Because America insists on derogatory stereotypes- even during playtime. Shelbi Heenan Missouri nurse fired from St Lukes hospital after posting Blackface Beyonce Halloween online.
Shelbi Heenan posted a photo of her in the racist costume to her Facebook account on Monday alongside her boyfriend, also in blackface, dressed as Jay-Z, KCTV reported.
The photo soon went viral only for the nurse’s employer to catch wind, with St. Luke’s hospital in Lee’s Summit later that day releasing a statement saying Heenan was no longer an employee.
Read a statement from the hospital: ‘While it is against Saint Luke’s policy to comment on specific personnel matters, we can confirm that this individual is no longer a Saint Luke’s employee,’
‘Saint Luke’s is deeply committed to our culture of diversity and inclusion. It is fundamental to who we are as an organization and we vigorously protect it on behalf of all our patients and employees and expect those who represent us to do the same’.
Heenan’s Facebook account was no longer active on Wednesday, but a photo of her from 2009 reportedly showed her dressed as a member of Destiny’s Child- in blackface according to Fox4KC.
Historically, blackface has been used to perpetuate negative stereotypes of African Americans. Responding to the latest racial faux pas and insensitivity of America’s blighted past, educators reflected.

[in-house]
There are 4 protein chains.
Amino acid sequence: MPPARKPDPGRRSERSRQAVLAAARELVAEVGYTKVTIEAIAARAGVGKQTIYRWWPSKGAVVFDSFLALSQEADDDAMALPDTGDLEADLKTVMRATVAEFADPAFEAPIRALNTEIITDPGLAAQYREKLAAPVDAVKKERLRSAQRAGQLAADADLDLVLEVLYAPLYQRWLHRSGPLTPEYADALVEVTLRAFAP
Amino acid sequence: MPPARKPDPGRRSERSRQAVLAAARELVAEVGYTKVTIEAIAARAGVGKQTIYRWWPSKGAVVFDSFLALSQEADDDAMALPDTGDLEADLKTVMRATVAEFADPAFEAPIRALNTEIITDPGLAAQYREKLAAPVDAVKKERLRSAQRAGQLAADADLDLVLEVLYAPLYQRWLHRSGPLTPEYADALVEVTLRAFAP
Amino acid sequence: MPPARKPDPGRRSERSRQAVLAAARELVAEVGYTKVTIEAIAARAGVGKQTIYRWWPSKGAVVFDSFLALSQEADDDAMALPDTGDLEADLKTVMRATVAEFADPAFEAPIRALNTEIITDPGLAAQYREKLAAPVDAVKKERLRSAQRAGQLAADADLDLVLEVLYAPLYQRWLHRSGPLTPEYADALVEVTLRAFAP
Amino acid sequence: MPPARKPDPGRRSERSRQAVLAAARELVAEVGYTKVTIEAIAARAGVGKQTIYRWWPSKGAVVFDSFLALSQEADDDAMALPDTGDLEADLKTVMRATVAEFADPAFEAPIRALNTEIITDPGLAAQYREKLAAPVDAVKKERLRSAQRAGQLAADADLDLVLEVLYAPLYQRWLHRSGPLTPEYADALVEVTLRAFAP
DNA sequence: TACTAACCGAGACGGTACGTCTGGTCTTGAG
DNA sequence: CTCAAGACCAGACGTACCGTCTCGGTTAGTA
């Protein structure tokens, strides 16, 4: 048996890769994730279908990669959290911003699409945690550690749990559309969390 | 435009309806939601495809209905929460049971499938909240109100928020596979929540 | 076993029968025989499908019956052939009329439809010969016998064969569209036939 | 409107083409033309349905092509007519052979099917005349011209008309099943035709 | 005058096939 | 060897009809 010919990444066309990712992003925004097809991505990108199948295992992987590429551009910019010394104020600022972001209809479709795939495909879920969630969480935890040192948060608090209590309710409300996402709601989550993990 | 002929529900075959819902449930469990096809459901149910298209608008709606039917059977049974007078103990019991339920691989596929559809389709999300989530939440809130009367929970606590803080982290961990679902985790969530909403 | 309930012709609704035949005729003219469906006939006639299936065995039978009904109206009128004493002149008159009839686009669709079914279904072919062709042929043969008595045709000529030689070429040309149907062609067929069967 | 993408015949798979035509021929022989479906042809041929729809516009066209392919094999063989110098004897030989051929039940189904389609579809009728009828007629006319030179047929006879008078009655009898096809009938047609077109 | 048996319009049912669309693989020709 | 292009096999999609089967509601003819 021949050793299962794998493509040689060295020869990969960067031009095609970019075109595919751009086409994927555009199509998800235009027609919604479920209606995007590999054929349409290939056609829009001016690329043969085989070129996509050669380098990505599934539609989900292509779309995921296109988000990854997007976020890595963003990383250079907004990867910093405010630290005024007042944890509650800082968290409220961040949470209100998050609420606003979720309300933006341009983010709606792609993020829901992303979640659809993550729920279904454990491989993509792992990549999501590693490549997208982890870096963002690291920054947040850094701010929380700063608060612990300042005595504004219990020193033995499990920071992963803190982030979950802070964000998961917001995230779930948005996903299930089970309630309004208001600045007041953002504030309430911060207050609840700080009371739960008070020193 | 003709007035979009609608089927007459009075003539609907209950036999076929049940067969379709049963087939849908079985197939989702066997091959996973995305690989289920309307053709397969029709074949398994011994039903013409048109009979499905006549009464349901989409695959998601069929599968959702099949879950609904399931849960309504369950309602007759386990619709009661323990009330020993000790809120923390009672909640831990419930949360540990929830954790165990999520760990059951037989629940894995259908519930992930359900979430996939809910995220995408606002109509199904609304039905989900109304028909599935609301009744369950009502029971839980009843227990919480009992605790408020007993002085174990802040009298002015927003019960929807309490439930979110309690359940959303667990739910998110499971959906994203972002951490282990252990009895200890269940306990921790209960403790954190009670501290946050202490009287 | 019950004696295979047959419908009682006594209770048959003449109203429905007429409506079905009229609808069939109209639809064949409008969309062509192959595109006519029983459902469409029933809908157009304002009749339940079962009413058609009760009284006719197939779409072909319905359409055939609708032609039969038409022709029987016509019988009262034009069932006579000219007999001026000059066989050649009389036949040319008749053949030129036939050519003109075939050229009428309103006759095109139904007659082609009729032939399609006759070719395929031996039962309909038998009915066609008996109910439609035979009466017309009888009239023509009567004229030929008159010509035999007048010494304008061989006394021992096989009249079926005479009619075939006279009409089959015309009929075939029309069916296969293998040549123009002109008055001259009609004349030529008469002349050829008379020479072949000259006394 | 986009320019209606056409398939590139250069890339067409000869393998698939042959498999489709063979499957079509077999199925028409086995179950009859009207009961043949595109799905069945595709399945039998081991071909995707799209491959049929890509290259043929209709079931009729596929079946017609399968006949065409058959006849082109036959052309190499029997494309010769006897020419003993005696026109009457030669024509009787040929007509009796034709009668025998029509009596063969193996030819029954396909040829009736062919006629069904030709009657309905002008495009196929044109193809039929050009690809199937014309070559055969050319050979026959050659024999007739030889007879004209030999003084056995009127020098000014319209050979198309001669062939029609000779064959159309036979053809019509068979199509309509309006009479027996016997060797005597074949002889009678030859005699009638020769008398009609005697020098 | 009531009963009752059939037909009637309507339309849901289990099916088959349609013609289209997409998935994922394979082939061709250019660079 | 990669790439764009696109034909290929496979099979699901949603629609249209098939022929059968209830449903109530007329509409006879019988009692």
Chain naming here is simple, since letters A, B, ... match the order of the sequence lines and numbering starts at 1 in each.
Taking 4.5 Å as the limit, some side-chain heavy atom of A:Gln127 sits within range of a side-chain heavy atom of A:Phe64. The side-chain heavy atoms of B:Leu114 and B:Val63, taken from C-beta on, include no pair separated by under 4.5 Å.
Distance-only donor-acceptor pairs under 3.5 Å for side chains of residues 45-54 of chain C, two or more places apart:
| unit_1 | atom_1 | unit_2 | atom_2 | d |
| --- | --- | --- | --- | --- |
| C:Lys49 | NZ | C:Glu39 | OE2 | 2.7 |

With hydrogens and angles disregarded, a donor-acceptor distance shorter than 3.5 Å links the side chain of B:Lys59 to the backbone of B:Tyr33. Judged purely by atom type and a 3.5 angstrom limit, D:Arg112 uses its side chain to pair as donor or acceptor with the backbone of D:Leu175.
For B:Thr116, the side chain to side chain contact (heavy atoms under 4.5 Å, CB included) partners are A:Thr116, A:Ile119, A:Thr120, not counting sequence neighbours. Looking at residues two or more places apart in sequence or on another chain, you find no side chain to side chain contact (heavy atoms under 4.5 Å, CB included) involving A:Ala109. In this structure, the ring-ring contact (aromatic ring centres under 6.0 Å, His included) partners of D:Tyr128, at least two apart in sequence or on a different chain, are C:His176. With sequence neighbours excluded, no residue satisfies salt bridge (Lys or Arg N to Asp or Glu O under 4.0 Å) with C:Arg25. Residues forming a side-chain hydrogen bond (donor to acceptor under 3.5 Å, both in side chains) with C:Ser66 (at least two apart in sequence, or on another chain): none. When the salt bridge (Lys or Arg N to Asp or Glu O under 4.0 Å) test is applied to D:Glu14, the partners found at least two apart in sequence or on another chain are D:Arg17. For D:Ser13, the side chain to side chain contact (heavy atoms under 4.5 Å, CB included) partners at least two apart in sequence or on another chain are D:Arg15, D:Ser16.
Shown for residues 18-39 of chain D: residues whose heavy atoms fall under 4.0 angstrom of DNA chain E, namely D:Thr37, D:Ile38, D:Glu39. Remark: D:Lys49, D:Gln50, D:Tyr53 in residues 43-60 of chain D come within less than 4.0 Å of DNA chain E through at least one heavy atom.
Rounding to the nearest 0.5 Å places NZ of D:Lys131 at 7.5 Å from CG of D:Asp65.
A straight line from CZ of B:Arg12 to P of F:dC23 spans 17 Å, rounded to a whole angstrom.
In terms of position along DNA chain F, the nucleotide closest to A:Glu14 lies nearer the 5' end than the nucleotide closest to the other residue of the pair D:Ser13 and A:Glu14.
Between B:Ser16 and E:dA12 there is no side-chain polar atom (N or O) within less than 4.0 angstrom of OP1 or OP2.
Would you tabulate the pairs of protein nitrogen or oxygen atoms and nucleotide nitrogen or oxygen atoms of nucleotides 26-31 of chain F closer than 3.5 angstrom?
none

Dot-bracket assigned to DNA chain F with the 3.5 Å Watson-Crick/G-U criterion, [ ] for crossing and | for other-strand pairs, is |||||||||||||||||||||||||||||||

‘The fact that this racist behavior persists is simply an indication that our racist history is not past, basically,’ Matthew Osborn, associate professor of early American history at UMKC, told Fox4KC.
‘African-Americans, in our history have been the most exploited, most marginalized group and yet African culture is inseparable from American popular culture. It’s at the heart of popular culture, music, sports, theater and film. That is something about American society and culture that we haven’t really come to grips with. Why is it that the racial divisions that exist here in Kansas City exist while we all enjoy so much of African-American culture?’ he added.
The academic described blackface starting in the 19th century in American theater.
‘It involved white men donning blackface and performing exaggerated caricatures of African American characters,’ he said. ‘It was meant to denigrate and lampoon African American people often in settings that were meant to show black people in a position of servitude.’